So the number of mappers depends on a couple of factors (assuming Sqoop import on response):

1) The number of data nodes - Sqoop will take your -m# switch and send the generated .jar file to that same # of data nodes. So if you have 5 datanodes and you set your Sqoop execution to -m30 then you might overrun your Hadoop cluster. 

2) How many parallel SQL queries your source RDBMS can handle - Again sending a switch of -m30 may completely paralyze a source RDMS because of the concurrent load you are requesting. 

3) Skew of data by PK -  Sqoop will take the # of mappers (based on the -m switch) and divide it by the MIN and MAX of the --split by column (unless you do something special with the --boundary-query switch). So for example a -m4 my skew the data badly while even a small change to -m5 or -m6 may have the skew looking much better. You can test out the skew by running similar count against the source RDBMS or looking that the data files Sqoop creates. 

I hope that helps. 

Thanks,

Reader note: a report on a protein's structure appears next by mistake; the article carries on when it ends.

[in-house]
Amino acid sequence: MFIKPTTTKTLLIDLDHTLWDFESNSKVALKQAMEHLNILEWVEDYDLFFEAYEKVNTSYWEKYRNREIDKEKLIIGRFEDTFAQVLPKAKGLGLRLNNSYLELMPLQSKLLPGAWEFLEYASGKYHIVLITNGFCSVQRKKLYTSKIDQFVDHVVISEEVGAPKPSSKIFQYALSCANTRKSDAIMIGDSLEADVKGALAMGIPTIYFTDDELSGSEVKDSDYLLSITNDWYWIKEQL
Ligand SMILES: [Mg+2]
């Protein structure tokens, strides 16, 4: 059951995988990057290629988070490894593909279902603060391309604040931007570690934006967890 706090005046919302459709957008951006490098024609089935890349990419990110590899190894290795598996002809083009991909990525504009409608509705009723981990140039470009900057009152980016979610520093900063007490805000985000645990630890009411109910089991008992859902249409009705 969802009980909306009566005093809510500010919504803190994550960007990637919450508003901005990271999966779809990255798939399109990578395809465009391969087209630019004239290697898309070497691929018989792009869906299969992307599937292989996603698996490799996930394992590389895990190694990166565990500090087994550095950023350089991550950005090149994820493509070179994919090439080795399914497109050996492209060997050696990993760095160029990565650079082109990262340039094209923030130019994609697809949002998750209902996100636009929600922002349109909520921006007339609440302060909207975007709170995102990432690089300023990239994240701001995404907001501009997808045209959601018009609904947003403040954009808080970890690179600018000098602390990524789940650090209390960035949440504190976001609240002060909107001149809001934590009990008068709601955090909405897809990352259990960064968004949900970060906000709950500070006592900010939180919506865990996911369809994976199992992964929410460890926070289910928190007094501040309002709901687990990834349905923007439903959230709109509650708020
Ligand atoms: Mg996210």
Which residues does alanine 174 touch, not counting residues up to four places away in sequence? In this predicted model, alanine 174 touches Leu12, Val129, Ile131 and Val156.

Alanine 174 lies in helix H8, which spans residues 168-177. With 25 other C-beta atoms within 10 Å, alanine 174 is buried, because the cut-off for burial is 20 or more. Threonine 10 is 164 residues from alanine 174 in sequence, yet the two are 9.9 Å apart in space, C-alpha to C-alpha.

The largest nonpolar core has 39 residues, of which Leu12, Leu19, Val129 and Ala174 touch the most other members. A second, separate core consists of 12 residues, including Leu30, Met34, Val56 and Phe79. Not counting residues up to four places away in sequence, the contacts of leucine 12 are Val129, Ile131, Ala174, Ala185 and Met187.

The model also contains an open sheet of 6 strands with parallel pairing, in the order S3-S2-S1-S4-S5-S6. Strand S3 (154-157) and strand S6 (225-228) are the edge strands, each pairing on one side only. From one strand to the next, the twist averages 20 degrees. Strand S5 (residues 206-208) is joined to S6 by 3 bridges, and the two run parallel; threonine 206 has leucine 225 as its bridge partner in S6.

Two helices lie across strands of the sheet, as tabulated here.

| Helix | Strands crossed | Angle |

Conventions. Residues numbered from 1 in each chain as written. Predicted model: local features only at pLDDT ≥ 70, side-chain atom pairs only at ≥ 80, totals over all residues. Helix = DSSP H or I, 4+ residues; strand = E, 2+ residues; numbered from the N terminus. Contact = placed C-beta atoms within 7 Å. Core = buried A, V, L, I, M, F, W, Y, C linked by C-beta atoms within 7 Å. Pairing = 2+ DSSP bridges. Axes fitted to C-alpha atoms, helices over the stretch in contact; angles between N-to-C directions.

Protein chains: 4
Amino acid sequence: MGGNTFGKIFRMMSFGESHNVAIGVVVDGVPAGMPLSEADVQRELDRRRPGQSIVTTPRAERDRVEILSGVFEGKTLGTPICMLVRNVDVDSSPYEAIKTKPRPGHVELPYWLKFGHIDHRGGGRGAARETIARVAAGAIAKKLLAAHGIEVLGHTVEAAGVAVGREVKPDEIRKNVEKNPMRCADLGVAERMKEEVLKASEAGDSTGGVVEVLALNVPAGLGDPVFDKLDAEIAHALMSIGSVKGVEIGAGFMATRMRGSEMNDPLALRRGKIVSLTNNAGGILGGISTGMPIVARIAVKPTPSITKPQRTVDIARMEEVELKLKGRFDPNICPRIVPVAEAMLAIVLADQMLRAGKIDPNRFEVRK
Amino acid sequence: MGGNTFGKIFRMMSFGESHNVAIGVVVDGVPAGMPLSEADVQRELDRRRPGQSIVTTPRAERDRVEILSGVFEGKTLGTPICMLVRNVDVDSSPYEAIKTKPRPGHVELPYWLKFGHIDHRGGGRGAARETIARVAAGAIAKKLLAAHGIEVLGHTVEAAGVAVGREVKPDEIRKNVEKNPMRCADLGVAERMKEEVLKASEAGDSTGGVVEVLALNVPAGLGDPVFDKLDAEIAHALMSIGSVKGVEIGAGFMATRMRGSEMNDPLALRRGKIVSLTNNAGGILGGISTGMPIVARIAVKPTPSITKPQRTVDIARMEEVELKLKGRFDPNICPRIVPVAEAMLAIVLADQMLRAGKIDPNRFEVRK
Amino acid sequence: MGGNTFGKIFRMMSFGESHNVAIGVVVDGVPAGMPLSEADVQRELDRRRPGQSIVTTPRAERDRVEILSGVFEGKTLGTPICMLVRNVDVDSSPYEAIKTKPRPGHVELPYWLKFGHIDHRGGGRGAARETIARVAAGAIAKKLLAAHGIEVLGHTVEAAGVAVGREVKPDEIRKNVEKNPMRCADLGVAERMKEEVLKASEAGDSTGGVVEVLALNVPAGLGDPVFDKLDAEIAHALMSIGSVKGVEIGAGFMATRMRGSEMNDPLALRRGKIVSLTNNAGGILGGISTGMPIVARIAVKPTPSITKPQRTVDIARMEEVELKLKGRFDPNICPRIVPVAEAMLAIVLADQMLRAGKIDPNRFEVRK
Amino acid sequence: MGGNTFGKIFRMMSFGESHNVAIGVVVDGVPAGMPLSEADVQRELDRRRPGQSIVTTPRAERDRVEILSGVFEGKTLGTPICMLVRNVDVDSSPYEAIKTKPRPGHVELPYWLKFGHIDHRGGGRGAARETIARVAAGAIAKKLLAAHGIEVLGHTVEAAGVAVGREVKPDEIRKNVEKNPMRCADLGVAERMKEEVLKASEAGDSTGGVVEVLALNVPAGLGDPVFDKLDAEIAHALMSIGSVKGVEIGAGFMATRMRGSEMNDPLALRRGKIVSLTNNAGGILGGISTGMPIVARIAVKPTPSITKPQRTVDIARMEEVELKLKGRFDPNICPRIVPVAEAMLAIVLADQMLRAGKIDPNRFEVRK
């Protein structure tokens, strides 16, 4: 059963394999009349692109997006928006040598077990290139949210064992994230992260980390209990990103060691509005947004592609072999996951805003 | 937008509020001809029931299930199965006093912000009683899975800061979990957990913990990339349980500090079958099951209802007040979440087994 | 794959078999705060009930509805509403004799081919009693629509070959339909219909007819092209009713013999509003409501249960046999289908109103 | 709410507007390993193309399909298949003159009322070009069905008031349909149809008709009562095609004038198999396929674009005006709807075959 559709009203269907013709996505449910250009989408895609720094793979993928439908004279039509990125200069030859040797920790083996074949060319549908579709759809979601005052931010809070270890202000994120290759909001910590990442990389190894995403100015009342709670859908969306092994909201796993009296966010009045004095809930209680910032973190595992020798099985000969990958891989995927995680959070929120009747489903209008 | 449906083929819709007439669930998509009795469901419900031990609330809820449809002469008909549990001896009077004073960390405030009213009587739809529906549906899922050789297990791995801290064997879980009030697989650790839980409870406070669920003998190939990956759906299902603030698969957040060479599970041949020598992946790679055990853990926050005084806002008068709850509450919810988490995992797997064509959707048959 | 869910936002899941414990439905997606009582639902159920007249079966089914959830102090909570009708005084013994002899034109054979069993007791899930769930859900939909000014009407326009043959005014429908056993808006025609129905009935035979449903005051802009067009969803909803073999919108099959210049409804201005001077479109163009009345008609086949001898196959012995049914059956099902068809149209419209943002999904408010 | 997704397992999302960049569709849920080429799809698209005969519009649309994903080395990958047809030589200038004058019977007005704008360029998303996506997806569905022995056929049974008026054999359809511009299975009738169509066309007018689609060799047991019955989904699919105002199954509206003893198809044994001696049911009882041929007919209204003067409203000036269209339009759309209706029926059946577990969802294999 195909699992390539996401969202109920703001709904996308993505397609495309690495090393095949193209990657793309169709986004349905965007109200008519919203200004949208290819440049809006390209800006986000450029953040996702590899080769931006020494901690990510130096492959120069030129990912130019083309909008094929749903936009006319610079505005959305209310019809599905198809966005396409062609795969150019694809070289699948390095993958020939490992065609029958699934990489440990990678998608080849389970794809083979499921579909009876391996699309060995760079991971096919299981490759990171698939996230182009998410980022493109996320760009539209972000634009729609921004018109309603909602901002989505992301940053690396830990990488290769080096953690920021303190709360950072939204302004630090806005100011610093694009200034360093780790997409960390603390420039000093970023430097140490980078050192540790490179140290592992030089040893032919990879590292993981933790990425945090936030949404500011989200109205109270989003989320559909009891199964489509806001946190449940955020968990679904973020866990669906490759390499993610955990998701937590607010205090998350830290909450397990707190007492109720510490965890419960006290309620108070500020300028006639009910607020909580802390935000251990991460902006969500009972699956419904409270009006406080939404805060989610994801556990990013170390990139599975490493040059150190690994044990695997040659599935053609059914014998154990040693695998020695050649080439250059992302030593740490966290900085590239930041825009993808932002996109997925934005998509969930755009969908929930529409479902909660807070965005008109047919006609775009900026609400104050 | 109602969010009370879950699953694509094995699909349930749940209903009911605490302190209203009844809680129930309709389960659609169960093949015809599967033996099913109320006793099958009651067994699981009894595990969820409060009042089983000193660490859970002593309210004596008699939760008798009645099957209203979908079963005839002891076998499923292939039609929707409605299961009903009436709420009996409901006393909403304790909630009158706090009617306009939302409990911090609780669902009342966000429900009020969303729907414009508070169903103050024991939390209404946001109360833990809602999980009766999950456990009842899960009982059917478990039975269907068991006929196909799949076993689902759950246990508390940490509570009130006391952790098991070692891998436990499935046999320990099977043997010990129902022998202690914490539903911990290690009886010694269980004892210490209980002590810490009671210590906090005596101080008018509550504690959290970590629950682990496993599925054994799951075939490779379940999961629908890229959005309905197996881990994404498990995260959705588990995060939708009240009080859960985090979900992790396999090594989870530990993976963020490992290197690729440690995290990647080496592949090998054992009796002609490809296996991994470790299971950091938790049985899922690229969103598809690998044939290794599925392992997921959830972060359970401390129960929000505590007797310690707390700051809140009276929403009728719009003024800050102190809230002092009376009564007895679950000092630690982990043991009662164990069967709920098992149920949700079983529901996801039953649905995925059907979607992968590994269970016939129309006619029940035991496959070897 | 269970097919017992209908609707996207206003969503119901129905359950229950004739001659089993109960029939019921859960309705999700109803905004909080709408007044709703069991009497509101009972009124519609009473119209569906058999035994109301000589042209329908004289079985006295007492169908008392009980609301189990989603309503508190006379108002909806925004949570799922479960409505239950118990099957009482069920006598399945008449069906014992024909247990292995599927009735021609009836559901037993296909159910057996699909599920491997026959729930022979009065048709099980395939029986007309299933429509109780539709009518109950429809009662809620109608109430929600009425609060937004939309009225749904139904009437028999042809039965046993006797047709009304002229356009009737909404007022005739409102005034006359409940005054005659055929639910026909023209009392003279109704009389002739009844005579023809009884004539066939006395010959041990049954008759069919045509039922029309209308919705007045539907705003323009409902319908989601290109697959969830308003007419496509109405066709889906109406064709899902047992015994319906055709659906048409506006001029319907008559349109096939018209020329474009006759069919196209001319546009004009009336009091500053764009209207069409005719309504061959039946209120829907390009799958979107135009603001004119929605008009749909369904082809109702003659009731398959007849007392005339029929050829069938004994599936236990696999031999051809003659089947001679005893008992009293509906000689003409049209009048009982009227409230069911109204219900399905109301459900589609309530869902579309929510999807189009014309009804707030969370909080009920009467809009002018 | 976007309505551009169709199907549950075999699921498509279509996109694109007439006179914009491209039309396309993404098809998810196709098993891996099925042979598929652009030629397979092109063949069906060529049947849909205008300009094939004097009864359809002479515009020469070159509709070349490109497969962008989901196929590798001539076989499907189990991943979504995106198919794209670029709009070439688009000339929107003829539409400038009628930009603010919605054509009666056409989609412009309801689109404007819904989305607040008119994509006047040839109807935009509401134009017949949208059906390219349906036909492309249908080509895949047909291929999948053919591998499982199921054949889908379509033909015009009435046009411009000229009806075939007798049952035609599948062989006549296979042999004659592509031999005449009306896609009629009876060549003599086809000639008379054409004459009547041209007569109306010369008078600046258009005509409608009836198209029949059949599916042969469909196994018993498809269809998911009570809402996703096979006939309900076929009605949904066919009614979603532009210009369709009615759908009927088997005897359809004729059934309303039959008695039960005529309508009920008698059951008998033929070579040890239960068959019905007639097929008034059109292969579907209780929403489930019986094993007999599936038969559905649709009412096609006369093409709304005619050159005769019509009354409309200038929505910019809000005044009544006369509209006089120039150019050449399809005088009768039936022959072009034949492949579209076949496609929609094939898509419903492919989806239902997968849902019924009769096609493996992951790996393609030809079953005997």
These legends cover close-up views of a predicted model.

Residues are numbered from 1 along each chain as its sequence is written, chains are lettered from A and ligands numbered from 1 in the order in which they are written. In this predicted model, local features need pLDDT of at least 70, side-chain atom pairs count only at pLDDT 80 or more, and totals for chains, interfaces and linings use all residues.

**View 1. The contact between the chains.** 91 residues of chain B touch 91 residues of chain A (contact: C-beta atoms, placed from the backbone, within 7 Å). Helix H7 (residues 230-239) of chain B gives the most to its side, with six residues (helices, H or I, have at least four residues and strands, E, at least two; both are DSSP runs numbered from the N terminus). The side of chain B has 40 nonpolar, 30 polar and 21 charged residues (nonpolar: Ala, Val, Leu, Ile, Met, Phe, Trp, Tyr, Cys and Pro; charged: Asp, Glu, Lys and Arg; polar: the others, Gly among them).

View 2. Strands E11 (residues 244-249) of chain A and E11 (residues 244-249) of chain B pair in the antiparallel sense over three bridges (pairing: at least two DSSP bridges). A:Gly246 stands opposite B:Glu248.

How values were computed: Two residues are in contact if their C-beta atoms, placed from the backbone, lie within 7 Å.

Brett

On Jun 21, 2015, at 5:39 AM, sreejesh s <sreejesh356@yahoo.com> wrote:

Hi,


 
If there is a primary key on the source table, SQOOP import would generate no skewed data... What if there is no primary key defined on the table and we have to use --split-by parameter to split records among multiple mappers.
 
There are high chances of skewed data depending on the column we select to --split-by.
 
Could you please help me understand how to avoid skewing in such scenarios and also how to determine the optimal number of mappers to be used for any SQOOP import.

It helps if you can explain how many mappers you have used in your use case along with the size and format of data imported..
 
Thanks